Former European Central Bank Vice President Lucas Papademos has joined Greek political leaders at powersharing talks to form a new government.

Papademos is considered the front-runner to lead a new 15-week coalition government, tasked to secure continued bailout funding and a neweuro130 billion rescue package for Greece from eurozone partners and the International Monetary Fund.

Papademos joined the talks Thursday, two hours after the meeting started between Prime Minister George Papandreou and opposition leader Antonis Samaras. Papandreou has promised to quit when the coalition deal is reached.

The hope is that the fourth day of talks will finally yield a new prime minister to head an interim government that will secure the country's continued bailout funding.

Outgoing Prime Minister George Papandreou, the head of the opposition conservatives, Antonis Samaras, and the leader of a small right-wing party were meeting with the country's president Thursday morning, a day after talks disintegrated into chaos.

European leaders have been pressing for a quick resolution to the Greek political turmoil, which has left the country facing default within weeks.

The interim government will aim to safeguard a new European debt deal and ensure Greece receives the vital next euro8 billion ($10.9 billion) installment of its existing euro110 billion facility, without which the country faces a catastrophic default within weeks.

Despite three days of wrangling and intense European pressure, Greece's main parties have been unable to agree on who will lead the new government, which is expected to only be in power for a few months before leading the country to early elections in February.

Greece's deliberations over the past few days have taken a backseat to developments in Italy where Premier Silvio Berlusconi has announced his intention to resign soon after a new package of economic reforms are passed. But his announcement has done to little to assuage market concerns that Italy is facing a Greek-style economic crisis and the country's borrowing costs have shot through the roof.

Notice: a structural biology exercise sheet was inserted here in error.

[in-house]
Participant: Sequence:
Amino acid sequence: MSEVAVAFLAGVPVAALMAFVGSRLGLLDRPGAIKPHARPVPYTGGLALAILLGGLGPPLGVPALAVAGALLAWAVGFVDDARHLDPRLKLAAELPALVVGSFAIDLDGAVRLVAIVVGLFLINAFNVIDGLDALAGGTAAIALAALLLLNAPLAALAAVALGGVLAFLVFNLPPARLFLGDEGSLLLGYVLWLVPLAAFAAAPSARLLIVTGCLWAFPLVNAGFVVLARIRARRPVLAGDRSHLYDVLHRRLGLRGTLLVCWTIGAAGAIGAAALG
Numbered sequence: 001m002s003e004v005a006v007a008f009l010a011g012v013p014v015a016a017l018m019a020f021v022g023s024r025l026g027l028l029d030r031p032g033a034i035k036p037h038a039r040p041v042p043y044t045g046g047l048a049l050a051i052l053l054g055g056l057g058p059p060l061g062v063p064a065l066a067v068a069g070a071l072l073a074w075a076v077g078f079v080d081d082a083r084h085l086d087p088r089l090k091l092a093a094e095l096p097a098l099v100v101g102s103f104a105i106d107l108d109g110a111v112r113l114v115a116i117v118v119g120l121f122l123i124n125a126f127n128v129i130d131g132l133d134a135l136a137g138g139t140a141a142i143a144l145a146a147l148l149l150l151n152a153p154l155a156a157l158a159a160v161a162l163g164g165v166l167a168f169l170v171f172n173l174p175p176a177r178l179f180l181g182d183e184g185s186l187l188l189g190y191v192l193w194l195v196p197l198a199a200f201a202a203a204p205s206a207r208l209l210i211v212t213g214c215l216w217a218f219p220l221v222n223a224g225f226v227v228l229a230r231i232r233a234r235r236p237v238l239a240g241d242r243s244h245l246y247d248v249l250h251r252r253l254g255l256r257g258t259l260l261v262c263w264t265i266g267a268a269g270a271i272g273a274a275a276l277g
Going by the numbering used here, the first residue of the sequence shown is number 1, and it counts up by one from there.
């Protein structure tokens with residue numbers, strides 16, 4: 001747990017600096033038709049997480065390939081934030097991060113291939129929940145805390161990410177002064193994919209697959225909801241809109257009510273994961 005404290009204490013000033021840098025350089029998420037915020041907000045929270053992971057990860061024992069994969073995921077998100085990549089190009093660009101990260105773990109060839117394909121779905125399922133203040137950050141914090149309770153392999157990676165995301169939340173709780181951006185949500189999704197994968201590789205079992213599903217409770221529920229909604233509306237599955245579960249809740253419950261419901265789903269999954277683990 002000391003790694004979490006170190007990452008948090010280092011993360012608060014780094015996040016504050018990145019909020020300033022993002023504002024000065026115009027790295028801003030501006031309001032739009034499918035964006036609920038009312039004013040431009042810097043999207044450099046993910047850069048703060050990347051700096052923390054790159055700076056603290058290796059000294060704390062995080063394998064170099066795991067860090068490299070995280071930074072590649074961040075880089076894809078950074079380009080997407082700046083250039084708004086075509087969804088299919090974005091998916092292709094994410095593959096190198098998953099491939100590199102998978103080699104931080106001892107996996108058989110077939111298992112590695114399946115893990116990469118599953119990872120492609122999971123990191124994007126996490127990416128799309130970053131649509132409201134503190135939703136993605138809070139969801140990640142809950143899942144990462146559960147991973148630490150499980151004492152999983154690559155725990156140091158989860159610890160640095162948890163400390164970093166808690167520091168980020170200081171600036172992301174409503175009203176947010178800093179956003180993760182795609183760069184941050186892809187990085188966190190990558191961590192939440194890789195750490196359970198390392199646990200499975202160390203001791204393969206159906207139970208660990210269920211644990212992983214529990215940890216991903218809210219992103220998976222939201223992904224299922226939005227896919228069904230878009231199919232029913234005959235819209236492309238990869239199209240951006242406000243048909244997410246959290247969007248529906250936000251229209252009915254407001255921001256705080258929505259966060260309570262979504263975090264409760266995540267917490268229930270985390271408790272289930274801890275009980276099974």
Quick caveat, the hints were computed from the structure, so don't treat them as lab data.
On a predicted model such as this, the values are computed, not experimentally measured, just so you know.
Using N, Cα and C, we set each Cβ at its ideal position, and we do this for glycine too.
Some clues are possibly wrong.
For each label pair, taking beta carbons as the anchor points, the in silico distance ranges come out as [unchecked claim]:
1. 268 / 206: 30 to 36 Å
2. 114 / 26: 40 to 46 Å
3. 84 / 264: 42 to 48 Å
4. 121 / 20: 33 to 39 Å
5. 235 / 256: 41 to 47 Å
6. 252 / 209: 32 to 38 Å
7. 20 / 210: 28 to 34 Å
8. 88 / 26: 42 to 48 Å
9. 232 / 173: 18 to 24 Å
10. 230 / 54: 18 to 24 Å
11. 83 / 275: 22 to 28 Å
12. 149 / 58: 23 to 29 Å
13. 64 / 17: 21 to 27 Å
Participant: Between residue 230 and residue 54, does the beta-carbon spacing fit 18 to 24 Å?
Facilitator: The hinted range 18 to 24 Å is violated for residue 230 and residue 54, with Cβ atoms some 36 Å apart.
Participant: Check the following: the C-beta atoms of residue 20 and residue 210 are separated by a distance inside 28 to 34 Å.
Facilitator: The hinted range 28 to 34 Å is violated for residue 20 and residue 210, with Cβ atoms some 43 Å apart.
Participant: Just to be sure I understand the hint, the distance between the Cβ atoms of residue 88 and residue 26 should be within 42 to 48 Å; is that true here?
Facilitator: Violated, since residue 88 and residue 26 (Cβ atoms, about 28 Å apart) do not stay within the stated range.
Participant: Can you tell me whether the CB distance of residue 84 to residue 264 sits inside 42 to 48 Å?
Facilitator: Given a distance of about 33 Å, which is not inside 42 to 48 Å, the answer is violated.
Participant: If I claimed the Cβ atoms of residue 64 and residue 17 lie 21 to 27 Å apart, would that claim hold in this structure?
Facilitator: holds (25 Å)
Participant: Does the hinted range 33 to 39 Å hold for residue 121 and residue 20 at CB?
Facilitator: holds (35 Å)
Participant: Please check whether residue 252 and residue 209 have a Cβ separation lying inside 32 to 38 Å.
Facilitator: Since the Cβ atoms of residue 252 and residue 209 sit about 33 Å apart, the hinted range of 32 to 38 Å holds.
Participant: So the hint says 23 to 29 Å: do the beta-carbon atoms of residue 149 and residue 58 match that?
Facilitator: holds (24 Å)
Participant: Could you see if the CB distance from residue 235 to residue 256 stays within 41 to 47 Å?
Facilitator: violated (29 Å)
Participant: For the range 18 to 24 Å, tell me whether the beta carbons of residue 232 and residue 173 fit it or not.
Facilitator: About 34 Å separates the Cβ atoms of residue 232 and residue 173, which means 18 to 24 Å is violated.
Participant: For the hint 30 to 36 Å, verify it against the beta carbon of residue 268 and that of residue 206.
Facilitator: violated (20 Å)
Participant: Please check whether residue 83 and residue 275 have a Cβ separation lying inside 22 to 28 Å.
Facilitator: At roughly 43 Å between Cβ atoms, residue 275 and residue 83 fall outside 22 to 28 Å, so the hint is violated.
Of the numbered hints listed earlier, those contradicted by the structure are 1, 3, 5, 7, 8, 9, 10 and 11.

The latest setback in nearly two weeks of political turmoil came Wednesday night, just after Papandreou told the nation that Greece's political parties were joining together to save the country from rapidly approaching bankruptcy.

In what was essentially a farewell televised speech to the nation, Papandreou wished his successor well -- although he did not name him. He then headed to a meeting at the presidential mansion in Athens with the head of the main opposition conservatives, Antonis Samaras, and the leader of a small right-wing party, where he was expected to formally resign and the new prime minister be named.

But the meeting had barely started when Giorgos Karatzaferis, the right-wing party leader, stormed out in a rage and the negotiations collapsed.

An announcement on who will lead the country for the next few months is expected again Thursday, although it was unclear whether the parties had hammered out their disagreements overnight.

Despite numerous names being leaked to the press over the past three days of talks as prospective candidates, none have been announced officially.

Former European Central Bank vice president Lucas Papademos had been widely tipped as the strongest candidate. But two officials from the main parties said that by Wednesday afternoon another strong candidate had emerged -- current Parliament speaker and former justice and public order minister, Philippos Petsalnikos.

The crisis erupted last week, when Papandreou said he would put a hard-fought euro130 billion ($177 billion) European debt deal, that involves private bondholders cancelling 50 percent of their Greek debt holdings, to a referendum. The surprising decision horrifying European leaders, sparked a rebellion in his own party and battered financial markets.

But after the vicious reaction his plan was met with -- and an opposition party pledge to support the deal -- he withdrew the referendum plan and agreed to stand aside, half way through his four-year term.

After a historic deal with Samaras Sunday night to form the transition government, negotiations dragged on, missing self-imposed deadline after deadline.